Who are the crucial disseminators of election-related disinformation?
The state and pro-government media
The public service media has been criticized for years for being heavily politicized and favoring the narratives of the government and failing to comply with professional standards. However, when a war started in a neighboring country, the biased nature of the public service media in Hungary became more obvious.
Russia has been using state financed propaganda to disseminate disinformation worldwide. Despite the restrictive measures put in place by the European Union targeting Russia Today and Sputnik, Russian war propaganda has been continuously disseminated in Hungary. Nonetheless, Hungarian public media channels continue to use Russian propaganda as a source, and at other times broadcast disinformation messages from Russian officials such as Foreign Minister Sergei Lavrov or spokesman Dmitry Peskov without criticism, thus inadvertently spreading Kremlin propaganda. It should be added, of course, that this is also sometimes done by the independent media, too.
The Hungarian authorities enable the dissemination of Russian war-propaganda by not sanctioning the public service media in cases when it presents disinformation as truth. Although in some cases the public service media used a sophisticated method, as its programs did not directly share reporting by sanctioned media outlets, it still disseminated the same notions and ideas that serve the Russian narrative without providing context or countering arguments. In other cases, the sanctioned Russian sources were directly quoted.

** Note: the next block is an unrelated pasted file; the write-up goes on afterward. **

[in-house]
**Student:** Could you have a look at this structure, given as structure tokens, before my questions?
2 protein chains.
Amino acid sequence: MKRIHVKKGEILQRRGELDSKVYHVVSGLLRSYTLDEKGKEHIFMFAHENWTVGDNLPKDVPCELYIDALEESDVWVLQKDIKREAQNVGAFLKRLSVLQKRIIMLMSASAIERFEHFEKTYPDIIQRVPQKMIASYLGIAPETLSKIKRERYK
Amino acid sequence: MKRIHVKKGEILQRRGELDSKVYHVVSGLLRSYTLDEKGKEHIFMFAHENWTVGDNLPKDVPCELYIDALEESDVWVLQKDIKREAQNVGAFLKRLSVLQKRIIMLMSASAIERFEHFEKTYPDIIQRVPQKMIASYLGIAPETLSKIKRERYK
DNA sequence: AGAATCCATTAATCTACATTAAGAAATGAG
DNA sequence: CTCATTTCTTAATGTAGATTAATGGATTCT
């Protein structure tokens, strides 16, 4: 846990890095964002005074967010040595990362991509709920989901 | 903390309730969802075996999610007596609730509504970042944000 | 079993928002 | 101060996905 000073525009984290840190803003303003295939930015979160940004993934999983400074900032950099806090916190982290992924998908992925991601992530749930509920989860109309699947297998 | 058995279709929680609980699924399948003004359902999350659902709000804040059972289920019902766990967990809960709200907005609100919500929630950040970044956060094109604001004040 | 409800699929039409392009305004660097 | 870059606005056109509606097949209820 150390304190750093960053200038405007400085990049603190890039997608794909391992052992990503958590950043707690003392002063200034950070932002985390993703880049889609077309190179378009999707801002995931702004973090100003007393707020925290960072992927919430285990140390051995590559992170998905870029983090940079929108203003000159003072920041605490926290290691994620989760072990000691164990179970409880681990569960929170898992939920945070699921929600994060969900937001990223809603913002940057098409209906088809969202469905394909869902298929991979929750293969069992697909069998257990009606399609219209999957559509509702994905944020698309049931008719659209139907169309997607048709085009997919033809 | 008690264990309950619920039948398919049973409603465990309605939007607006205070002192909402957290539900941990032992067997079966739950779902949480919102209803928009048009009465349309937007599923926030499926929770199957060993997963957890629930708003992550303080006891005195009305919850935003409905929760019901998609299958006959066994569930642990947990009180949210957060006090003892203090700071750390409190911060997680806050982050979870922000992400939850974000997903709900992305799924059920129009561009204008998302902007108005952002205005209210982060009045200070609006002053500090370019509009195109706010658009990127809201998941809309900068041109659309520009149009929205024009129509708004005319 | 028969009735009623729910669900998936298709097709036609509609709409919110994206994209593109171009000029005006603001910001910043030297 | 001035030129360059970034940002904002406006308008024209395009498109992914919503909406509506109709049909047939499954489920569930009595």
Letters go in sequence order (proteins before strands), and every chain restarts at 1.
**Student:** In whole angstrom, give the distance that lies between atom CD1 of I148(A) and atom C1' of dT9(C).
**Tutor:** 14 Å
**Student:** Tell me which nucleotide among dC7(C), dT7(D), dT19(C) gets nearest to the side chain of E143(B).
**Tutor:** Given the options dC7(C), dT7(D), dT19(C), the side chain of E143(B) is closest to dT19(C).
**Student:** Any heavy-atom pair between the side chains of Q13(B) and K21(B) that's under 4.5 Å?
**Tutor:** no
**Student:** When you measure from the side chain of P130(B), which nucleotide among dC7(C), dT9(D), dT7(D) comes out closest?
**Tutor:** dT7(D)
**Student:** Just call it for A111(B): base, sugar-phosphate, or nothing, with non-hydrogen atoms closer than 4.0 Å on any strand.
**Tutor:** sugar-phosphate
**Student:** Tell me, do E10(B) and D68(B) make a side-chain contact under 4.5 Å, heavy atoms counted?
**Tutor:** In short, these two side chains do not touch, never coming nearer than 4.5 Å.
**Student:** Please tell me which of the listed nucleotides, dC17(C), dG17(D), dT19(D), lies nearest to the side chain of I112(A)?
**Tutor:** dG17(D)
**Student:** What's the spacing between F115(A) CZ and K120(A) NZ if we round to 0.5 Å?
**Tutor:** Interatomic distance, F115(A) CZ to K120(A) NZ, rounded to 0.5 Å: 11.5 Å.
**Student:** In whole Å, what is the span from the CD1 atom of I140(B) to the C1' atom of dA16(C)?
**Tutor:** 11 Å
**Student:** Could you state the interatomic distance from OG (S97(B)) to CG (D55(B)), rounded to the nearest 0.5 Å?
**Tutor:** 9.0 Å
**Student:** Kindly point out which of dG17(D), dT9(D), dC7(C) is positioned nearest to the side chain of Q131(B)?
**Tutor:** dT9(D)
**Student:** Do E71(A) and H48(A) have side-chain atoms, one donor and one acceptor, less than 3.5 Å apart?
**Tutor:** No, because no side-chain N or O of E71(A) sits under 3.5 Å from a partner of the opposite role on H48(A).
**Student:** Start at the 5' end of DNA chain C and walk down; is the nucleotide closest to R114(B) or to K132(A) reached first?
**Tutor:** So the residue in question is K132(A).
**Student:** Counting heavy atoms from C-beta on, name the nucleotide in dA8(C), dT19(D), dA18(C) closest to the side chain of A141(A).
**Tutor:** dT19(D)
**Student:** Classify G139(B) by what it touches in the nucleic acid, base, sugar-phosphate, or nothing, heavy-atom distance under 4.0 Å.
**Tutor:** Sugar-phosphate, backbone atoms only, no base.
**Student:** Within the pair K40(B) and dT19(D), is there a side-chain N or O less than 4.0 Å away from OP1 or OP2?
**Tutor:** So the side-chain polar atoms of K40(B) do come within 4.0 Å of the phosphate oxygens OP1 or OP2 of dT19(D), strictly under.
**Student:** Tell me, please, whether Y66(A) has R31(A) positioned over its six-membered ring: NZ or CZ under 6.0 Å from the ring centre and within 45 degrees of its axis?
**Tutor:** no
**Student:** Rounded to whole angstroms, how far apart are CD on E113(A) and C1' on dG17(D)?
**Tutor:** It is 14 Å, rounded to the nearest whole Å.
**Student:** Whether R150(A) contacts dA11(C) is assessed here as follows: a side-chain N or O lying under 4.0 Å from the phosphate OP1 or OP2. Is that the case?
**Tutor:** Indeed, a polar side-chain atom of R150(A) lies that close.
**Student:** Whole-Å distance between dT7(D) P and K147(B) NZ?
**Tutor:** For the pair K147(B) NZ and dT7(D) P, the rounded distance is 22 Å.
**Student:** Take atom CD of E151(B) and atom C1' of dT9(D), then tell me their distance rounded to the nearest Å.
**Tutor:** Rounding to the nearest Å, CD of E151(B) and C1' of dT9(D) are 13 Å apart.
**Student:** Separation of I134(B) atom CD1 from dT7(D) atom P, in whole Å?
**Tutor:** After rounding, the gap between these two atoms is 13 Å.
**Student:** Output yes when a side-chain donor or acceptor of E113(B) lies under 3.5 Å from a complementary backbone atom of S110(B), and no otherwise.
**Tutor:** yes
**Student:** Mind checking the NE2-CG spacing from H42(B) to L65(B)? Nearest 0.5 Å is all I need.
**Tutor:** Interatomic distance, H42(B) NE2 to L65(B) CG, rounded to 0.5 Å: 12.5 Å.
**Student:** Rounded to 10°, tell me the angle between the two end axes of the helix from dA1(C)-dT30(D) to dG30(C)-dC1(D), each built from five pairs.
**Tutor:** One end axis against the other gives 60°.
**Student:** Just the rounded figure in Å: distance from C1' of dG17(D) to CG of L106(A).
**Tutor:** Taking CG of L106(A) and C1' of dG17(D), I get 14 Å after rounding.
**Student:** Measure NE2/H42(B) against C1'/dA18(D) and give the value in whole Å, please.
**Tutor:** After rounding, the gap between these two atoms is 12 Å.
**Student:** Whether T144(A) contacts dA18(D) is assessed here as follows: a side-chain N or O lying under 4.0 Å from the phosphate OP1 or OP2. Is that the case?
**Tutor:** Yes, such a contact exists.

The disinformation is also echoed by the pro-government newspapers of Mediaworks Group and KESMA. Because the ruling party has influence over the overwhelming majority of the Hungarian media, it is able to shut out alternative interpretations, including those of opposition figures, from a significant part of the Hungarian population. With few exceptions, the voices of opposition figures have been relegated to the remaining independent media outlets and the smaller opposition media of the major opposition parties over the last decade. And the domination of the Hungarian media space has created a nationwide echo chamber, where the ruling party has asymmetric access to media space.
Our Homeland and the far right
The majority of far-right actors in Hungary evaluate the Russian aggression against Ukraine according to their well-established thought patterns and argumentation. Their explanations typically reflect conspiracy theories based on anti-liberalism, anti-Westernism and especially anti-Americanism, a sense of satisfaction for the grievances of the Transcarpathian Hungarians, uncritical receptivity to the Kremlin narrative, and an exclusive nationalist definition of national interests, but they also filter through racism and anti-Semitism. The most active players on the issue are the Our Homeland Movement, the Hatvannégy Vármegye Youth Movement and Ábel Bódi, a leader of the Identity Generation, but also Edda Budaházy, the Betyársereg, the Hungarian Self-Defence Movement and Tamás Gaudi-Nagy, head of the National Legal Defence Service, have expressed their views. The following main narratives emerge from their speeches:
- Ukraine deserved the Russian attack.
- Russia acted legitimately, in response to a threat.
- The US is mainly responsible for the war, it serves its interests.
- The Russian troops are trying to behave humanely, but the Ukrainians are committing war crimes.
- The West is applying double standards in its condemnation of Russia.
- Hungary should stay out of the war and not (so much) concern itself with Ukraine's territorial integrity.
- In contrast to the migrants coming in 2015, the 'real refugees' from Ukraine must be helped, who are primarily Hungarians from Transcarpathia.
Strategies and methods used to spread disinformation
The misuse of public resources